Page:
Spit or Swallow?

GRAHAMSTOWN, South Africa -- With water gushing out of the tap, why are locals collecting natural spring water and buying bottled water?

According to the Department of Water Affairs website, the Makana Municipality in Grahamstown scores 55.1%. This is below the microbiological and chemical health requirements of 95% and 80% respectively, and shows the need for intervention by the Municipality.

But whether the water is safe for drinking remains questionable.

There are concerns that the water contains high levels of aluminium and arsenic. The presence of these chemicals can cause long-term health effects such as degenerative neurological disorders. Bacteria such as e-coli are also questionable.

According to Professor Denis Hughes, Director of the Institute for Water Research, chemical analyses need to be drawn from water samples each week, and proof needs to be provided.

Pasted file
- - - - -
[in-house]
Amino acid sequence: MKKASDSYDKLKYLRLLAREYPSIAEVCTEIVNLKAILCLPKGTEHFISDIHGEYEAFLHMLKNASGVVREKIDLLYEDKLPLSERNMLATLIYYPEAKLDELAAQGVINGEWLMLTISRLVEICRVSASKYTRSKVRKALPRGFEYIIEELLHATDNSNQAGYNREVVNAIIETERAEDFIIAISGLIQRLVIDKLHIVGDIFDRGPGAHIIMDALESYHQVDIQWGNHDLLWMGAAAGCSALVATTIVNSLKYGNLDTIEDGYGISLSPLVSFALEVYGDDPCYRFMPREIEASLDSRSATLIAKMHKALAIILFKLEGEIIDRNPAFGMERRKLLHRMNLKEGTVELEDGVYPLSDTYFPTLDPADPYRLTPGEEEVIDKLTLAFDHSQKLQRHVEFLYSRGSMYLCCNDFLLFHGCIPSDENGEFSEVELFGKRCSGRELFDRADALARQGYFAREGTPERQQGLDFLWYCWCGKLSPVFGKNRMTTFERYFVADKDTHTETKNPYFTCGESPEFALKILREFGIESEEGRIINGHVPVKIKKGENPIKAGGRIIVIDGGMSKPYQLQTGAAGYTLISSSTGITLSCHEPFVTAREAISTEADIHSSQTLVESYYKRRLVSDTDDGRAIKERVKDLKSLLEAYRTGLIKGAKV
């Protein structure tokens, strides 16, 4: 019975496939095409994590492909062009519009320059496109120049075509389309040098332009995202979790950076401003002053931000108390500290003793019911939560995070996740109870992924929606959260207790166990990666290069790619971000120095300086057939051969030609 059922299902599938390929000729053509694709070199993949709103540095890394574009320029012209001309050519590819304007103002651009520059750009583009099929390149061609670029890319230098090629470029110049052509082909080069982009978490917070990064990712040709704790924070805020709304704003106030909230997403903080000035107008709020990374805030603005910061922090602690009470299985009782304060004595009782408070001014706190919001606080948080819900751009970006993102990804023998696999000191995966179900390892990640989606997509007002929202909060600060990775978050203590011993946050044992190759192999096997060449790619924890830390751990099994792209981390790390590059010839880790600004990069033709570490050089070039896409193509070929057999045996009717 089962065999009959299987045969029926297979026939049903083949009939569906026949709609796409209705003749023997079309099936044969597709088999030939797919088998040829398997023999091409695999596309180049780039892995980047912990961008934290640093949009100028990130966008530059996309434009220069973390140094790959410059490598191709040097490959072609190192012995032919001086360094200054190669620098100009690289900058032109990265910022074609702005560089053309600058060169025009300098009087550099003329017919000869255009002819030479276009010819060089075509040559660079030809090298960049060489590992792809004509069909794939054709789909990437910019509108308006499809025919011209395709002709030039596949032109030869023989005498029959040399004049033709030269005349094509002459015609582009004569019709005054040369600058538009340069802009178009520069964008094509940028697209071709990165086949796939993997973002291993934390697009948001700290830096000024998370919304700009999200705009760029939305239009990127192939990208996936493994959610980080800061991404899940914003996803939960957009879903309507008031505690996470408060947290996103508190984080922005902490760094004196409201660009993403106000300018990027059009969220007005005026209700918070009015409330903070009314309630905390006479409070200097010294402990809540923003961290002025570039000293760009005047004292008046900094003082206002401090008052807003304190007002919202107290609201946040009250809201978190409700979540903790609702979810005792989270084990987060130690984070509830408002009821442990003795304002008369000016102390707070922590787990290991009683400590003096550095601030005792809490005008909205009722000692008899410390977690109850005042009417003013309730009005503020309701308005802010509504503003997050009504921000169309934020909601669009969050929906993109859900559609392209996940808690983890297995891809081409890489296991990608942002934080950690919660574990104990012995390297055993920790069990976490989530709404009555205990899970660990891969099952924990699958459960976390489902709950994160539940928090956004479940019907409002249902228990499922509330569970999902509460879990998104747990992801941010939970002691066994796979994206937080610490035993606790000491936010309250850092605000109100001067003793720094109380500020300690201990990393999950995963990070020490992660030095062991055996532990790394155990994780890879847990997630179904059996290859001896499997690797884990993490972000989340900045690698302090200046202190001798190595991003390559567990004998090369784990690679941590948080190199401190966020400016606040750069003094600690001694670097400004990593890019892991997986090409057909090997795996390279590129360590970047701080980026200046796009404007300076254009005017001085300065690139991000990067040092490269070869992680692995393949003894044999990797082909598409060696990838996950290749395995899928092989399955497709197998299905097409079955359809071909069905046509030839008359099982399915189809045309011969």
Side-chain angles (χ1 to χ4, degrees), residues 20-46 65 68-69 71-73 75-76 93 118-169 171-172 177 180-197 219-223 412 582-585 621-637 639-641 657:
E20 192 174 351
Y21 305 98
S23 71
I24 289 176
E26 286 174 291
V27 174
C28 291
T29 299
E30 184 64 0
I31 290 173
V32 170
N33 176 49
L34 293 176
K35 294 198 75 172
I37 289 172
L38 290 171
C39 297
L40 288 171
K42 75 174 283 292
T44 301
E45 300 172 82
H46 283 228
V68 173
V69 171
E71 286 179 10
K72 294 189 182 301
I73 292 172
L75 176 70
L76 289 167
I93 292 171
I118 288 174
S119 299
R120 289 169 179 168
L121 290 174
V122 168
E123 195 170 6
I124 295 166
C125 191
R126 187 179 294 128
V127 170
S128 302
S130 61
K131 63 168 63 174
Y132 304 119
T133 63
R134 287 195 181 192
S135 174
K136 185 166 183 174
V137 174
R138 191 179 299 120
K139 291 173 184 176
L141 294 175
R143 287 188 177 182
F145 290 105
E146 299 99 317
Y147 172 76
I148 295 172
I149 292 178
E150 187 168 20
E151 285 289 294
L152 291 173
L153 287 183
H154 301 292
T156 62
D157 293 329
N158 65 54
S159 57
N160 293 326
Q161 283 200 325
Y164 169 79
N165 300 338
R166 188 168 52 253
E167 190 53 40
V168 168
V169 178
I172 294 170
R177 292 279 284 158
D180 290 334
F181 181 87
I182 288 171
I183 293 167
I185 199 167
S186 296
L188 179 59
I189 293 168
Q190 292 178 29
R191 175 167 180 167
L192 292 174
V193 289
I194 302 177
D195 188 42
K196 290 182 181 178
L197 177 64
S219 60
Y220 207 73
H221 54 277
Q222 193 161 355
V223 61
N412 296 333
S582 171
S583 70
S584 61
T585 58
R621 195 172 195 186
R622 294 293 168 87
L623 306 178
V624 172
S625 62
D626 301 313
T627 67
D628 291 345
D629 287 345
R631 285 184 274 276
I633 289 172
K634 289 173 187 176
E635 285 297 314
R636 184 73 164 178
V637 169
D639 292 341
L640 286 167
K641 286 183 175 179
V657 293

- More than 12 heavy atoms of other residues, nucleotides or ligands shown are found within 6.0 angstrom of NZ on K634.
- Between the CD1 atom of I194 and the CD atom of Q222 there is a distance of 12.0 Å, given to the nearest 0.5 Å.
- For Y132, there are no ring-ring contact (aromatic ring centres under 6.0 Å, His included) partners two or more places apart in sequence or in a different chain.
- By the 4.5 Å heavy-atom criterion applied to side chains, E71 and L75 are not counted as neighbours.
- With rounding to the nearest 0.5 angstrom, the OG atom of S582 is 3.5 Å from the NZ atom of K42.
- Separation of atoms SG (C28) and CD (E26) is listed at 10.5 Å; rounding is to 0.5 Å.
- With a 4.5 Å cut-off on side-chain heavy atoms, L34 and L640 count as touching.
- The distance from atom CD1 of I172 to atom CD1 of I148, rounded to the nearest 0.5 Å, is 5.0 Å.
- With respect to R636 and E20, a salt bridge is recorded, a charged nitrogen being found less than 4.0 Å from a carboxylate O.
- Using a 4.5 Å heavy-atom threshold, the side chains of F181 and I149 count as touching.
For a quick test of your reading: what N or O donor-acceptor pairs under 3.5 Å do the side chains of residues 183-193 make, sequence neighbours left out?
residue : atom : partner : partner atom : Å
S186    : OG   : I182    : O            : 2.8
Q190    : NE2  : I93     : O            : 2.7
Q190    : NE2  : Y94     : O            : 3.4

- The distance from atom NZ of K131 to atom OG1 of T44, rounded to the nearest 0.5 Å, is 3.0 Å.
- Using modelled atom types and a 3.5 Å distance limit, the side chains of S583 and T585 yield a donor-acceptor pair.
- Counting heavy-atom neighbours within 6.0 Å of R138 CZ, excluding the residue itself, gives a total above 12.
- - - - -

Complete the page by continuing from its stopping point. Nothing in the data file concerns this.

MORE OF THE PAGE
When asked about Grahamstown’s water, Nikki Kӧhly, the Safety, Health and Environmental Officer for Rhodes University, said, “I think to be able to give an informed answer its essential to have access to regularly updated water quality test results – which I don’t have at the moment. I’m always inclined to say go back to scientific data.”

Kӧhly went on to say, “I don’t know what the current status is. My only word of advice: If you have doubts, get spring water in a re-usable bottle--avoid unnecessary plastic waste--or use filtered rainwater but make sure you put it through a filter system which adds back essential minerals.”

Assistant Director for Water at Makana Local Municipality, Luthando Mashiya said that the water is okay as it complies with the 2011 South African regulations.

But the quality of Grahamstown’s water remains a hot topic.

So is the water safe for drinking?

After all, even at the Institute for Water Research there are 5-litre bottles of water next to every kettle.


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